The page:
So, we made them ourselves.

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Baking with Maddy: The Interview

Here’s the transcript from my interview with Maddy, where we talked about baking Semlor and what these traditional Swedish buns mean for her.  You can read what it was like for us to bake Semlor together here and you can see Maddy’s recipe for Semlor here .

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Recipe: Semlor, Swedish Easter Buns

After our adventure baking Swedish Easter buns, Semlor, Maddy graciously translated her recipe from the original Swedish.  This one was translated from, but her mum’s recipe comes from a classic Swedish recipe book, one that is so important they actually have two copies of it!

“It’s from a Swedish recipe book. It’s actually a really famous Swedish recipe book, that every household in Sweden should have, and probably does. It’s called “Sju Sorters Kakor” which means ‘Seven Types of Cake’ and it’s just filled with biscuits and cake.”

Sounds good!  Thanks Maddy!

Check out “Baking with Maddy: The layers of Semlor” for a look at what baking Swedish style was like, and what this recipe means for Maddy!

A Semla ready to be eaten

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Watching what we eat

The clouds lay thick over the city and the days are short and grey. It’s cold, wet, or both, and people on the street wear the weather on their faces. But every winter, for a short time in February, Berlin gets a little brighter as the Berlinale comes once again.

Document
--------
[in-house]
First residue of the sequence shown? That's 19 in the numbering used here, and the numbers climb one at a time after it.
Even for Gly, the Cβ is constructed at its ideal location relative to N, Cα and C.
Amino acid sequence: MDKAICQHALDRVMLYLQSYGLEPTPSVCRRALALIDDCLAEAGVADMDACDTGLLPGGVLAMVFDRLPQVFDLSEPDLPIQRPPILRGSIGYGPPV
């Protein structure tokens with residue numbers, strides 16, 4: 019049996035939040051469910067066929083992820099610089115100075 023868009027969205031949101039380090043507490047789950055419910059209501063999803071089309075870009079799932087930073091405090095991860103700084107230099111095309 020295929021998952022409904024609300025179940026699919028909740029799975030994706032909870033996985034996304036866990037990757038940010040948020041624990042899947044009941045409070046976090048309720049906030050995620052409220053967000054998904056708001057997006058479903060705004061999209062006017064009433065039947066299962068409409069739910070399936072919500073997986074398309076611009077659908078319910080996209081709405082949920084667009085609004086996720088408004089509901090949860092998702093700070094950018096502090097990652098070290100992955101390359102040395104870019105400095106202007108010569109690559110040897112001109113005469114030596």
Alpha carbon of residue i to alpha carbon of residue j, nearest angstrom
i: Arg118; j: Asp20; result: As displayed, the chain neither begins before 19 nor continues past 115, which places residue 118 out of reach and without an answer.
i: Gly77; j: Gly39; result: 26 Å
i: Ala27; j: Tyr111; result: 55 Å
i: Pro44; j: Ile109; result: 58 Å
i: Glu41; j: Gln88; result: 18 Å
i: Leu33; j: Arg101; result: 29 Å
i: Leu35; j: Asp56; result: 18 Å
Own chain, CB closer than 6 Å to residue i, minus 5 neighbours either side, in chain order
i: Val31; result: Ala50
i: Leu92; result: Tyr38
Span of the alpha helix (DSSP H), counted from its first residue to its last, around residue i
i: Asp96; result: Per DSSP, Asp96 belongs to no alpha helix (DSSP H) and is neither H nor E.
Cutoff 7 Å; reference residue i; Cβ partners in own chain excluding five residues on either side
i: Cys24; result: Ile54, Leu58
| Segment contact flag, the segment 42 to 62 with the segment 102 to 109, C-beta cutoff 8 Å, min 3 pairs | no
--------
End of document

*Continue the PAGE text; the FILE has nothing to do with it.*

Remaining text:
The Berlin International Film Festival, the “Berlinale”, is in its 66th edition this year, and it never fails to create a bright buzz throughout the city as locals and visitors alike come out of their hibernation to takeover Berlin’s cinemas.  This year also marks the tenth anniversary of the festival’s “Culinary Cinema”, a programme designed to tell stories from all corners of the food world. Here are the films from the programme that I’m most excited about…

Berlin International Film Festival 2012 post screening talk with logo

After a film, Richard Hübner, 2012 © Berlinale

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A time to give thanks

Leaves on fire in Treptower Park

October. Cool winds and damp mornings. Shorter days and low light. Trees turning from simple green to bouquets of red, yellow, and gold. Leaves drying and falling and crunching satisfyingly under boots. Warm soup and thick sweaters. Hot cocoa in cold hands. The scent of cinnamon, nutmeg and cloves spreading from the oven throughout the house, warm and inviting. The tingle of every precious ray of sun, before the hurry home to hibernate for a night.